Caritas itself has benefited from both the US military and UN peacekeepers, who have provided security for aid distributions in Port-au-Prince and Leogane and helped our aid ships dock. We’re immensely grateful for that.
But military personnel are not aid experts and having such a large military presence brings with it tensions. Continue reading
On a seaside road winding north of Port-au-Prince, two cars separate us from a brightly-painted bus trundling along the dusty strip of gravel. One by one they overtake the bus, their white roofs carrying with them a white burst of sunshine in the midday heat.
We move closer to the back of the bus, slowly changing gears, and get to within a few metres before we saw it. Him.
There was a man. Dangling. Wedged between the back door of the bus and the ladder that carries luggage and the occasional passenger to sit on the roof.
His head and his arms were limp and his feet were dragging and bumping grotesquely along the road.
Someone in the car with me screamed. The driver pushed his fist into the car’s horn to try to attract the bus driver’s attention. I rolled down my back window, hoisted myself up onto the sill of the door and started waving frantically at the passengers on the roof. They saw me but didn’t seem to react. I shouted and screamed at them but my noise was lost in the backward rushing air.
We pulled alongside the driver and he looked at us but ignored my signal to pull over. Pulling back into the right lane we slowed down and the bus eventually stopped. We all jumped out and raced to the back. The man was still there. His eyes closed; his forehead dented against the yellow paint of the bus.
We lifted him out of his entanglement and lowered him gently onto the road. We tried to look for signs of life. There were none. Continue reading
East of Port-au-Prince, things are calmer than in the city. The massive overcrowding of the capital is much less on show here and even the destruction seems lesser. But then, there are fewer houses here.
It is a peaceful place; smallholdings with banana plants and chickens stand on the roadside. But the aftermath of January 12 lingers here, too. Most houses have sustained damage of some variety; every third or fourth has been completely demolished.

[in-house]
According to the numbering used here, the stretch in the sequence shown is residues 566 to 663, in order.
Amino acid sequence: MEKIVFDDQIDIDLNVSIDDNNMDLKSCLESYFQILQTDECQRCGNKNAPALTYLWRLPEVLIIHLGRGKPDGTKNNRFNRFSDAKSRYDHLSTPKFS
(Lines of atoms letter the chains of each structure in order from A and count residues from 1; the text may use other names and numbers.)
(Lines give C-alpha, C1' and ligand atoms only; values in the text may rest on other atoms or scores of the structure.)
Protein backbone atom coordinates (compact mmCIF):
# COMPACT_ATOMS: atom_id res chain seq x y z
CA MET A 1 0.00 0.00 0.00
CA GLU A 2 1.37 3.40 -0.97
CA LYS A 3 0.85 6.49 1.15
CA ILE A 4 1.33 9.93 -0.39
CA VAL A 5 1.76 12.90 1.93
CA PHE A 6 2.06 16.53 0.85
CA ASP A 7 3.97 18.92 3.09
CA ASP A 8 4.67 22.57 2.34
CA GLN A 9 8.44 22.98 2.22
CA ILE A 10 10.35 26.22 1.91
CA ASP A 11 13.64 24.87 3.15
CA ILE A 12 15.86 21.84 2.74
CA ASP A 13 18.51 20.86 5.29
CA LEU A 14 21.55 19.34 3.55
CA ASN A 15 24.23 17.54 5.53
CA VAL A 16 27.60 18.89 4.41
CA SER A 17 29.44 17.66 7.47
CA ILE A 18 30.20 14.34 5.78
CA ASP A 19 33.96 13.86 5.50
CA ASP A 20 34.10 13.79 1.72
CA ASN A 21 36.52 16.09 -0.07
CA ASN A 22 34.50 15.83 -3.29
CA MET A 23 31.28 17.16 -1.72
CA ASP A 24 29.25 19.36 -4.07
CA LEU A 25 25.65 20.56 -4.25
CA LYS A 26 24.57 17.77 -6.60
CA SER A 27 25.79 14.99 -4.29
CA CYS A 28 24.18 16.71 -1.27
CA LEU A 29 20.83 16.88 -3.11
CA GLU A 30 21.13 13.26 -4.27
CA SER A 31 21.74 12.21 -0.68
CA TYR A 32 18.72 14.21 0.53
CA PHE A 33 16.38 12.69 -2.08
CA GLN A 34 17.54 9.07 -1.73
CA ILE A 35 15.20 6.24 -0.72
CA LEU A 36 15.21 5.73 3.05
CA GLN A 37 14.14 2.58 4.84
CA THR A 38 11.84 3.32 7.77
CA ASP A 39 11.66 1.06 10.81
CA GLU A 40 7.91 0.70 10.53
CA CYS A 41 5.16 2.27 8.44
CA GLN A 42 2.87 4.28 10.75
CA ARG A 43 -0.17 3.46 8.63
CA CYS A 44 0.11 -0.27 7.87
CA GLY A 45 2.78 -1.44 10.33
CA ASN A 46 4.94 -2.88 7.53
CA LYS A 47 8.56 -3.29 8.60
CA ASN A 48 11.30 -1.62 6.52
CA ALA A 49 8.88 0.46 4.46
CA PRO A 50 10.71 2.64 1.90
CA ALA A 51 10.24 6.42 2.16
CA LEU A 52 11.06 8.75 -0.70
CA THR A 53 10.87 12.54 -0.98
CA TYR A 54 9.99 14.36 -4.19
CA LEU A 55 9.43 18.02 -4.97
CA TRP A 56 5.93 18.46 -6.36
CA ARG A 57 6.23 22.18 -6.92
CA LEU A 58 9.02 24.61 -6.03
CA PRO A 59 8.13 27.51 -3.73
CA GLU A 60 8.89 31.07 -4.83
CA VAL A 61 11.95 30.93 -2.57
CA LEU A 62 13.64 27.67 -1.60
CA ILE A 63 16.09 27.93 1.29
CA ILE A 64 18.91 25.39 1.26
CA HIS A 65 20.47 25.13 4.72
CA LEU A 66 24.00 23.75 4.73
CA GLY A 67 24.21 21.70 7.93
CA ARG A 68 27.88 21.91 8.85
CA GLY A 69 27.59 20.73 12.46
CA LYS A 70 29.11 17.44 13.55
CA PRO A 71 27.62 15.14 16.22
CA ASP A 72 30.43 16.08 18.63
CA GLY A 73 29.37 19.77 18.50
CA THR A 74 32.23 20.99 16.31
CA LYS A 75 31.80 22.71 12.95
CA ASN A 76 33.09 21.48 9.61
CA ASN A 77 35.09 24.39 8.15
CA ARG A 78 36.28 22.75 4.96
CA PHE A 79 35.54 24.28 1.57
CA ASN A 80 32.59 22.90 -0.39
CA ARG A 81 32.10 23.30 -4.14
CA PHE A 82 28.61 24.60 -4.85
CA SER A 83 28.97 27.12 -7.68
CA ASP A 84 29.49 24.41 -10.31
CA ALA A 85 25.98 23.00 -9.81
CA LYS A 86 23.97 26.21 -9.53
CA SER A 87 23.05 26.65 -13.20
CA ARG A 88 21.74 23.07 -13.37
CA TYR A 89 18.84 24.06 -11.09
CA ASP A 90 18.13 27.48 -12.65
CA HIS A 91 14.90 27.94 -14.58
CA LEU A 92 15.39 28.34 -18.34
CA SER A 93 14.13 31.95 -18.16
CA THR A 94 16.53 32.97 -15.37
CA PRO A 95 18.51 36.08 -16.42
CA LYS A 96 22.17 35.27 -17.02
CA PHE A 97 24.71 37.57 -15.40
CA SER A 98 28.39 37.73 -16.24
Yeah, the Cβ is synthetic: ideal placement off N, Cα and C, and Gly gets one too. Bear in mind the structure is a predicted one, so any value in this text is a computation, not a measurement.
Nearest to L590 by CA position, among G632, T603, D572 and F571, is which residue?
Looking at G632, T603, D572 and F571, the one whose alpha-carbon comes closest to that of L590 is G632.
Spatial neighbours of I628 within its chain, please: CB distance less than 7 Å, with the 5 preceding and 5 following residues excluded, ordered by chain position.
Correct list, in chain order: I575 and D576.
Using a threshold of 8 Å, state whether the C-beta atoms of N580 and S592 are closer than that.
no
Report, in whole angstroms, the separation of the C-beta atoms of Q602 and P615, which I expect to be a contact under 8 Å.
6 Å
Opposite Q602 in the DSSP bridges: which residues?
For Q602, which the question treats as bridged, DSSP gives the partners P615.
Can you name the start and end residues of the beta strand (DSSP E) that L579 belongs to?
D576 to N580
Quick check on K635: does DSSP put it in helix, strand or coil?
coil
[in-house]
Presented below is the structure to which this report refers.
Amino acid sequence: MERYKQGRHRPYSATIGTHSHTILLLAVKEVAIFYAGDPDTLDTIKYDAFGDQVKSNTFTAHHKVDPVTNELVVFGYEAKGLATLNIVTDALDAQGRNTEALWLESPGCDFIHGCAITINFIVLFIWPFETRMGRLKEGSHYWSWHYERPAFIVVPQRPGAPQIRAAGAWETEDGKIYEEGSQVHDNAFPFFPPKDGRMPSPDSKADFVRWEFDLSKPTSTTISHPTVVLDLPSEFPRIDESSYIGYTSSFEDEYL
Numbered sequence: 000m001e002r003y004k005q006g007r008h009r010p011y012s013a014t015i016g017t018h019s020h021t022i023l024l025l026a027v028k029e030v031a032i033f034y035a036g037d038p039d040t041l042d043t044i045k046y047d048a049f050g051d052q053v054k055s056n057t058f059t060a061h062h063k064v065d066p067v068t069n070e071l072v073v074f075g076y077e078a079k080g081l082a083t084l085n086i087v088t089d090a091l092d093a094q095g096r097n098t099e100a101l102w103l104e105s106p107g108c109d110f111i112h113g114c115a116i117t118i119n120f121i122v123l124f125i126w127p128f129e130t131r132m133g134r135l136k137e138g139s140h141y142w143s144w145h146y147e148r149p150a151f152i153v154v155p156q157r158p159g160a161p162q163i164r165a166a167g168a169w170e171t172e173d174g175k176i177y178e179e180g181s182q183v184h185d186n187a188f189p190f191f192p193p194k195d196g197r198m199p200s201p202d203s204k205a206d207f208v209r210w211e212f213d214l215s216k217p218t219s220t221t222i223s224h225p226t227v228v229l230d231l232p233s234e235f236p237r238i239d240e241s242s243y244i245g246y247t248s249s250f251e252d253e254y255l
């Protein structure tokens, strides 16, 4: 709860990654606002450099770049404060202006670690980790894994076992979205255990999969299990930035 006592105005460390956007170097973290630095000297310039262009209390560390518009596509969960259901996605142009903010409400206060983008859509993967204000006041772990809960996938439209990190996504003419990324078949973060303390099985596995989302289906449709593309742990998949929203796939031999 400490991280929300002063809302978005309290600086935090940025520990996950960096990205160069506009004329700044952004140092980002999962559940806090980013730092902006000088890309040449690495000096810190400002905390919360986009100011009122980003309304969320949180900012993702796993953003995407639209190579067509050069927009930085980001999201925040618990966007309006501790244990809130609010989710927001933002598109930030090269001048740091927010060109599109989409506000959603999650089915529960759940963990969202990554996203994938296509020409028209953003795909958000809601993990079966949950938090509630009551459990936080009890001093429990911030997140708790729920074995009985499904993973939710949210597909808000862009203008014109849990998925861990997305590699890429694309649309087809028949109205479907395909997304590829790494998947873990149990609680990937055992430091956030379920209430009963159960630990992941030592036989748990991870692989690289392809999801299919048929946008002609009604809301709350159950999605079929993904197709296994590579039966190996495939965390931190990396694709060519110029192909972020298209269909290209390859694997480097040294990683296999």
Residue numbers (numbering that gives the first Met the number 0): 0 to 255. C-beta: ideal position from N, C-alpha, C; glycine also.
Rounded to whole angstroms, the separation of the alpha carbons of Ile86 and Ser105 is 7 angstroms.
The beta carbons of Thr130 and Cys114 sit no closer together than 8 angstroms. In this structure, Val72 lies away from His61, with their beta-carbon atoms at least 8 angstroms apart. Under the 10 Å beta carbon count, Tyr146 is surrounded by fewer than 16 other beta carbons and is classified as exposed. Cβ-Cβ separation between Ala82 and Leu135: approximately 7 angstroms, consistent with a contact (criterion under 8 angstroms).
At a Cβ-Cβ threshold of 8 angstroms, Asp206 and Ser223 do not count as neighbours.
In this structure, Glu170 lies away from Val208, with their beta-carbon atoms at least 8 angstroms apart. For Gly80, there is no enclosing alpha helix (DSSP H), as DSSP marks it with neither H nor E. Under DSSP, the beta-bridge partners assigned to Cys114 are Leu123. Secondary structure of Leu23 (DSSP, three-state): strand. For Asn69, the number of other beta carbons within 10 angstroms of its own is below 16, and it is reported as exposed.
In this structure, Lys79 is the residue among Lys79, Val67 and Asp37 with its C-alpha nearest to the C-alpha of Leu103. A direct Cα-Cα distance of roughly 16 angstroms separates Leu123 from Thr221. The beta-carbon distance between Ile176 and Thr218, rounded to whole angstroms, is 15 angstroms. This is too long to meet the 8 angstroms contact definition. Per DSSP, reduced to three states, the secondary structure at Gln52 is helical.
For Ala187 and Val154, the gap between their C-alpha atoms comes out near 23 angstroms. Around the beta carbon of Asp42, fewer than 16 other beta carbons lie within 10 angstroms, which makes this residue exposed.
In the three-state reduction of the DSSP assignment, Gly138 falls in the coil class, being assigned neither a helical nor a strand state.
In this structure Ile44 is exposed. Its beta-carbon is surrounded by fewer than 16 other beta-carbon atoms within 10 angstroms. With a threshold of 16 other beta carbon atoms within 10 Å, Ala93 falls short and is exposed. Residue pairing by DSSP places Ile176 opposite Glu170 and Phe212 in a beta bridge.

A small orphanage sits among the scrub at end of a stony lane, found only by following the lead of a rusty, hand-painted sign directing us to the ‘orphelinat‘.
When the earthquake struck, their headmistress tells us, all of the children were in an upstairs room of their house watching a documentary “about how children live in France”. Then the building started to shake.
“The bigger children grabbed the smaller children and ran down the stairs”, she told us.
Seconds later, the whole building collapsed. Looking at it now, buckled and angry looking in the midday sun, it is a miracle nobody was hurt. The two floors of the school building, across a small yard now littered with debris and shards of their former life, is also completely fell. Inside the rubble there can be seen a smashed blackboard, the last day’s lesson still lingering, the broken desks strewn drunkenly amid the rubble.
Caritas has worked with this orphanage for some time, providing the nuns with the food necessary to feed 55 children. But since the earthquake, more children have come. In fact, the number of children at the orphelinat is now 96.
“Many children have come,” we are told by their carer. “People from all around have brought us children that they have found. We don’t know where they have come from or where their parents are.” Continue reading
There is a pervasive narrative around the crisis in Haiti about levels of chaos and violence in Port-au-Prince hampering the delivery of aid. But as the United Nations’ humanitarian aid chief John Holmes points out, “every disaster is chaos because that’s what disasters produce”.
Experience has taught us that in crisis situations such as this, the weaker voices in society, already vulnerable to abuse, become more so – including women, children, the elderly and the infirm. Aid is getting through (Caritas alone has already fed well over 100,000 people since the earthquake struck) and now as we slowly move towards the recovery phase, a new set of concerns come to the fore.
As the dust begins to settle here in Haiti and we get a better picture of where the relief effort goes now, we need to think beyond simply meeting basic needs – food will not keep communities safe from abuse and water will not protect them from violence.
In addition to the devastating death toll, hundreds of thousands of families are now displaced from their homes, the vast majority staying in insecure informal camps and shelters. Weapons are widely available. People’s means of earning a living have been largely destroyed. Family members have been separated, with loved ones still missing, including the heads of many households, leaving young children and vulnerable family members to fend for themselves.
As the world continues to help the beleaguered Haitians, the aid community is focusing on work beyond relief distributions alone. Food will not keep communities safe from abuse and water will not protect them from violence.